Respiratory Services

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Now showing 1 - 5 of 51
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    The diagnosis and management of systemic autoimmune rheumatic disease-related interstitial lung disease: British Society for Rheumatology guideline scope.
    (Oxford Academic, 2024-04-18) Fahim, Ahmed
    Interstitial lung disease (ILD) is a significant complication of many systemic autoimmune rheumatic diseases (SARDs), although the clinical presentation, severity and outlook may vary widely between individuals. Despite the prevalence, there are no specific guidelines addressing the issue of screening, diagnosis and management of ILD across this diverse group. Guidelines from the ACR and EULAR are expected, but there is a need for UK-specific guidelines that consider the framework of the UK National Health Service, local licensing and funding strategies. This article outlines the intended scope for the British Society for Rheumatology guideline on the diagnosis and management of SARD-ILD developed by the guideline working group. It specifically identifies the SARDs for consideration, alongside the overarching principles for which systematic review will be conducted. Expert consensus will be produced based on the most up-to-date available evidence for inclusion within the final guideline. Key issues to be addressed include recommendations for screening of ILD, identifying the methodology and frequency of monitoring and pharmacological and non-pharmacological management. The guideline will be developed according to methods and processes outlined in Creating Clinical Guidelines: British Society for Rheumatology Protocol version 5.1.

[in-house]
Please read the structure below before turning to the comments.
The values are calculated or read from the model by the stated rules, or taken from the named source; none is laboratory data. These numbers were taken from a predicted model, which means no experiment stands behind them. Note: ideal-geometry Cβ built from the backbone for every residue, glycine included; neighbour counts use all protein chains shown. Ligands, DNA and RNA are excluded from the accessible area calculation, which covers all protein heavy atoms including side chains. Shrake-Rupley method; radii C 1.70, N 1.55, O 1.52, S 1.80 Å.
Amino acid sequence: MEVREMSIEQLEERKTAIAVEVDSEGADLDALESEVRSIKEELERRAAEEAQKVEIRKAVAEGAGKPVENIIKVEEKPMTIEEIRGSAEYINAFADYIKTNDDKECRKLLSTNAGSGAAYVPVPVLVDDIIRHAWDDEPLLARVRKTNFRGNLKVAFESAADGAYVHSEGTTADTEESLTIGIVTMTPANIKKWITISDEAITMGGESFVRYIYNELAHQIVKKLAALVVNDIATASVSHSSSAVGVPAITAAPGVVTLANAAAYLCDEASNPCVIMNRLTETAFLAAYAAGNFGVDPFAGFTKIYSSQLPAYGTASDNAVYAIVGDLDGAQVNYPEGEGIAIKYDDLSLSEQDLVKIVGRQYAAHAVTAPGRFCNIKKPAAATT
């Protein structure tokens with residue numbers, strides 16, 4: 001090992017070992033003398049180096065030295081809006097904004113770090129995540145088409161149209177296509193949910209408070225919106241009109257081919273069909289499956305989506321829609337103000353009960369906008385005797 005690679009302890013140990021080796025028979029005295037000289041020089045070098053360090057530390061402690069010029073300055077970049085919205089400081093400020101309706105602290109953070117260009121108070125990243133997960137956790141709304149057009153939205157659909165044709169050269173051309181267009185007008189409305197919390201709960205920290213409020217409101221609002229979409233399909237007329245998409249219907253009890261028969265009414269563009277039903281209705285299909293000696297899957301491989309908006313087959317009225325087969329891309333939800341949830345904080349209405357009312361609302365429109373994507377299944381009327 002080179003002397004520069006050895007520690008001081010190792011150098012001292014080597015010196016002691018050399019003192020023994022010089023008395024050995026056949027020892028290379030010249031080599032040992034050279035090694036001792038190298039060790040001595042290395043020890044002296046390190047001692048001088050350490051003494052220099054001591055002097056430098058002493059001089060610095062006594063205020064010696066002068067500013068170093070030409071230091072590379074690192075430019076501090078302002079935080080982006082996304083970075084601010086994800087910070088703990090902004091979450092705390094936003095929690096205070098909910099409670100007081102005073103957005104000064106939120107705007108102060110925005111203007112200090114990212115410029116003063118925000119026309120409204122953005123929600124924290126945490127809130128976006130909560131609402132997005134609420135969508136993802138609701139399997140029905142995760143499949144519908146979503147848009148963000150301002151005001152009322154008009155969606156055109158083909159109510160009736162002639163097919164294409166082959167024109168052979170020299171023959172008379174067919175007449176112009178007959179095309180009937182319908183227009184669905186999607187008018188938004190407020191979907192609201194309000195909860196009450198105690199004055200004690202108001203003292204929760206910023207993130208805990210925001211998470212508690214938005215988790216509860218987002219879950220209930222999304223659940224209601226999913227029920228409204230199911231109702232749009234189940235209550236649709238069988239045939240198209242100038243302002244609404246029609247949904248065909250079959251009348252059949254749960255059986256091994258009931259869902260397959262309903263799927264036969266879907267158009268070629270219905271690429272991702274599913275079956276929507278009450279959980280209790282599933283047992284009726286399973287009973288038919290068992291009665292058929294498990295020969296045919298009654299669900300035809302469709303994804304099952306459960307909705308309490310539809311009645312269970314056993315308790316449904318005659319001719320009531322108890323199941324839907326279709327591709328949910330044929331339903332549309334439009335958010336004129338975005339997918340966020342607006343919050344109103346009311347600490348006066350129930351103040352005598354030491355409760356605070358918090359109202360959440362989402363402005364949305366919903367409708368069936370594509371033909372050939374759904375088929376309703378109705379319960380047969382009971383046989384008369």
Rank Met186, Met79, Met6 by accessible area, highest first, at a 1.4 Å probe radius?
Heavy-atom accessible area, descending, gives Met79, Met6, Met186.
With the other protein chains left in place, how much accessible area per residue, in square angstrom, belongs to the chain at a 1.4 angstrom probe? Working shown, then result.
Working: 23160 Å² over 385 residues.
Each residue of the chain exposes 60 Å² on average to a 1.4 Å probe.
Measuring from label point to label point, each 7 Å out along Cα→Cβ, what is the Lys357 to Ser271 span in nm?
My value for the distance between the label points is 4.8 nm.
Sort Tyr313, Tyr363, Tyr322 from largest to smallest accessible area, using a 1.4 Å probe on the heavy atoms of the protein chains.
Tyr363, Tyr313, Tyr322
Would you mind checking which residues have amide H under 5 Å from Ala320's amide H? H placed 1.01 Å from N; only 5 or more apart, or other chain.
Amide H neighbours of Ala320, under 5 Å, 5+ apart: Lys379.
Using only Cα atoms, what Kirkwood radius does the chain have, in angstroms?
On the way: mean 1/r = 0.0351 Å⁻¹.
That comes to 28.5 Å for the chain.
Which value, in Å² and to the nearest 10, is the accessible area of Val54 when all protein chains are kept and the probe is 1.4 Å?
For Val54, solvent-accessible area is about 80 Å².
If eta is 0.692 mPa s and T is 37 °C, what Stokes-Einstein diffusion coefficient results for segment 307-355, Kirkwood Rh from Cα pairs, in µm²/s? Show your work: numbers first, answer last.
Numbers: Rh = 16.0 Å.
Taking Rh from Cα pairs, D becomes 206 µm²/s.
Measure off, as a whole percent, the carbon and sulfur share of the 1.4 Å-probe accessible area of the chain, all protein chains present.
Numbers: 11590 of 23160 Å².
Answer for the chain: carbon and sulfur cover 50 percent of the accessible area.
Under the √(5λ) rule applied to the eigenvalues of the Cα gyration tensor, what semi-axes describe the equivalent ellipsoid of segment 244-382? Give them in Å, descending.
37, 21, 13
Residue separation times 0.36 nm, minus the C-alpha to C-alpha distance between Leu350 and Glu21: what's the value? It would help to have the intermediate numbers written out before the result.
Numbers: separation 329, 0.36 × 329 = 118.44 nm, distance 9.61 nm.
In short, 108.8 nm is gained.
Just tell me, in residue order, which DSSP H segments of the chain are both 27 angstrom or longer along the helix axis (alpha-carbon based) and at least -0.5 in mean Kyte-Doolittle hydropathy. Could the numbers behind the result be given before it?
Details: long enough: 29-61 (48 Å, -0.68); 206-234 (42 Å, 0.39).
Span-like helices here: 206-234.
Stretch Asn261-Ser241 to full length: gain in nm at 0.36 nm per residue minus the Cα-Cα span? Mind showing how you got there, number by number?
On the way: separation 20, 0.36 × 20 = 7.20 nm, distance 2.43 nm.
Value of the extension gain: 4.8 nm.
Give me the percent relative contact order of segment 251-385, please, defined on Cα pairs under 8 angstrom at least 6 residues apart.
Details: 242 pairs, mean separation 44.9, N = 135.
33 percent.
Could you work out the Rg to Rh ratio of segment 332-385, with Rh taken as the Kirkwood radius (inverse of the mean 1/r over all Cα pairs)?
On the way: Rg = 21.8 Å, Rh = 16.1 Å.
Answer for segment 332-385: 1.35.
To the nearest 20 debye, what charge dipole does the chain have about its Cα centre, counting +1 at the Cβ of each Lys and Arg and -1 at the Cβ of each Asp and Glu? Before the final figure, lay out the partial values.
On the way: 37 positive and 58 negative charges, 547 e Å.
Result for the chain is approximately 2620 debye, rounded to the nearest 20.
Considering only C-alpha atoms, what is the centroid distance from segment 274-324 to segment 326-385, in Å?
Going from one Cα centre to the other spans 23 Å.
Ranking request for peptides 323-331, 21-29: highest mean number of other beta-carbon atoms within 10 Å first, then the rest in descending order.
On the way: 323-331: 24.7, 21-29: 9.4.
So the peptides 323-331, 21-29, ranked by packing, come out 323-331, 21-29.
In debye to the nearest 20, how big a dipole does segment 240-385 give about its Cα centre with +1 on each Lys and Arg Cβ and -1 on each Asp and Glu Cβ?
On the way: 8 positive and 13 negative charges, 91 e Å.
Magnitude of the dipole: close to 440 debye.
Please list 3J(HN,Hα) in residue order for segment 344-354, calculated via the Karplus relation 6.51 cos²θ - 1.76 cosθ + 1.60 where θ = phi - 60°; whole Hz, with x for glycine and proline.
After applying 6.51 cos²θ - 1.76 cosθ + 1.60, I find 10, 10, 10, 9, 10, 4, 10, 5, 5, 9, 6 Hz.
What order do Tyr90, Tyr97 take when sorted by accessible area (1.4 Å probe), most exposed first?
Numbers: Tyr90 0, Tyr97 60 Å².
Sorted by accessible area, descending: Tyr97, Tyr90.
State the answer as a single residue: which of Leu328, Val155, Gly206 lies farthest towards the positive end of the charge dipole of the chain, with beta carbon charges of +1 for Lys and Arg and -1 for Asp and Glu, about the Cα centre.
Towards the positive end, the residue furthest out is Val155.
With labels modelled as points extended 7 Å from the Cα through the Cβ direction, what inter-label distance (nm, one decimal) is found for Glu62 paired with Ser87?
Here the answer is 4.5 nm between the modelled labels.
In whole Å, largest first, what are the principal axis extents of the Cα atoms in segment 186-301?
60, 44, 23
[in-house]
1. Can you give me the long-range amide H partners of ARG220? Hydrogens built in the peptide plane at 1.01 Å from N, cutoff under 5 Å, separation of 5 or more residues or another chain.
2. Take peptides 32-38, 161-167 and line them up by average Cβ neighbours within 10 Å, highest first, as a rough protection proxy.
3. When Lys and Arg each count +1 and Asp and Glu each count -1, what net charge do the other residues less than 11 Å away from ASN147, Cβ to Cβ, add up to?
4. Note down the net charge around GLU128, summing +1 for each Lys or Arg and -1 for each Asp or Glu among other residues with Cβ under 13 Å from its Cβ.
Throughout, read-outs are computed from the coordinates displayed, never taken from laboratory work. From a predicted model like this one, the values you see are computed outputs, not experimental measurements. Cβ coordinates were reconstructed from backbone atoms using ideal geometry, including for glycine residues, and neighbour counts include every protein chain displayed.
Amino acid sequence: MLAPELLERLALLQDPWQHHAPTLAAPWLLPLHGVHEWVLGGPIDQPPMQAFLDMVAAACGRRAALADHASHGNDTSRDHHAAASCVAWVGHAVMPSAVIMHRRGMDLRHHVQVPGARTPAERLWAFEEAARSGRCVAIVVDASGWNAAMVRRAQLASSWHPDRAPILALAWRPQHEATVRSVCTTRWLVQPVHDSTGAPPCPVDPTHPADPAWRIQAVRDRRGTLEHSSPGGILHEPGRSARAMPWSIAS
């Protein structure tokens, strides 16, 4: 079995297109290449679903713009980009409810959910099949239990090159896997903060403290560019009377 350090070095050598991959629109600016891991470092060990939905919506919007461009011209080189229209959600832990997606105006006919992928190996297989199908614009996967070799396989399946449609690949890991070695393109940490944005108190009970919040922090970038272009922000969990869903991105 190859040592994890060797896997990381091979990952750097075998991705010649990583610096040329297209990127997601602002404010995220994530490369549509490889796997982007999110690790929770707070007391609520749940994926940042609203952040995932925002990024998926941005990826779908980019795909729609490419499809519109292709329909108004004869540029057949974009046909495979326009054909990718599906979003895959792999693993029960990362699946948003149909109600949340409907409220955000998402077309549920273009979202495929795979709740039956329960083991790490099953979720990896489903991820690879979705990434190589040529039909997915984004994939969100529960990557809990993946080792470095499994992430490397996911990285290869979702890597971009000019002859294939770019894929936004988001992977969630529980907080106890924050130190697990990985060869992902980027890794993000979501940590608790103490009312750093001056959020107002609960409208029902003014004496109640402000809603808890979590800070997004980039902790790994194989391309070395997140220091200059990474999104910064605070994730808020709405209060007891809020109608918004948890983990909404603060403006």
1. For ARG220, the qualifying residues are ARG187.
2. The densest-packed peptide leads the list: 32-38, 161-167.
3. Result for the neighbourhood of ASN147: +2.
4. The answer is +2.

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    "Will anybody listen?" parents' views on childhood asthma care: a qualitative study.
    (Royal College of General Practitioners., 2024-05-28) Warren, Kate
    Background: Asthma is the most common chronic disease in children, resulting in considerable morbidity and health care utilisation, especially in geographical areas with high deprivation. Parents play a pivotal role in children's asthma management. Aim: To explore the views of parents whose children have asthma, regarding barriers and facilitators to receiving adequate asthma care. Design & setting: A qualitative study conducted in an urban, multi-ethnic setting with high socioeconomic deprivation and paediatric asthma related hospital admissions. Method: The study used a pragmatic approach underpinned by a perspective of critical realism. Parents of children with asthma were recruited through purposive and convenience sampling and data collected through semi-structured interviews. Transcripts were analysed using thematic analysis, facilitated by NVivo software. Results: 10 parents participated in nine interviews. Six themes were identified relating to: (1) the establishment of a new life dynamic following a diagnosis of asthma; (2) the turbulent and drawn-out process of asthma diagnosis; (3) the roles and expectations of the partnership established between parents and healthcare services; (4) the importance of schools in asthma management; (5) sources and access to relevant information; and (6) the importance of social support networks. Parents frequently felt unsupported and misunderstood, particularly during the diagnostic process. Conclusion: Unmet parental educational and emotional needs, particularly around the time of diagnosis were identified as a key barrier to adequate asthma management. Deeper understanding of gaps in support can instruct asthma care delivery and inform co-produced interventions, thus improving asthma outcomes in children.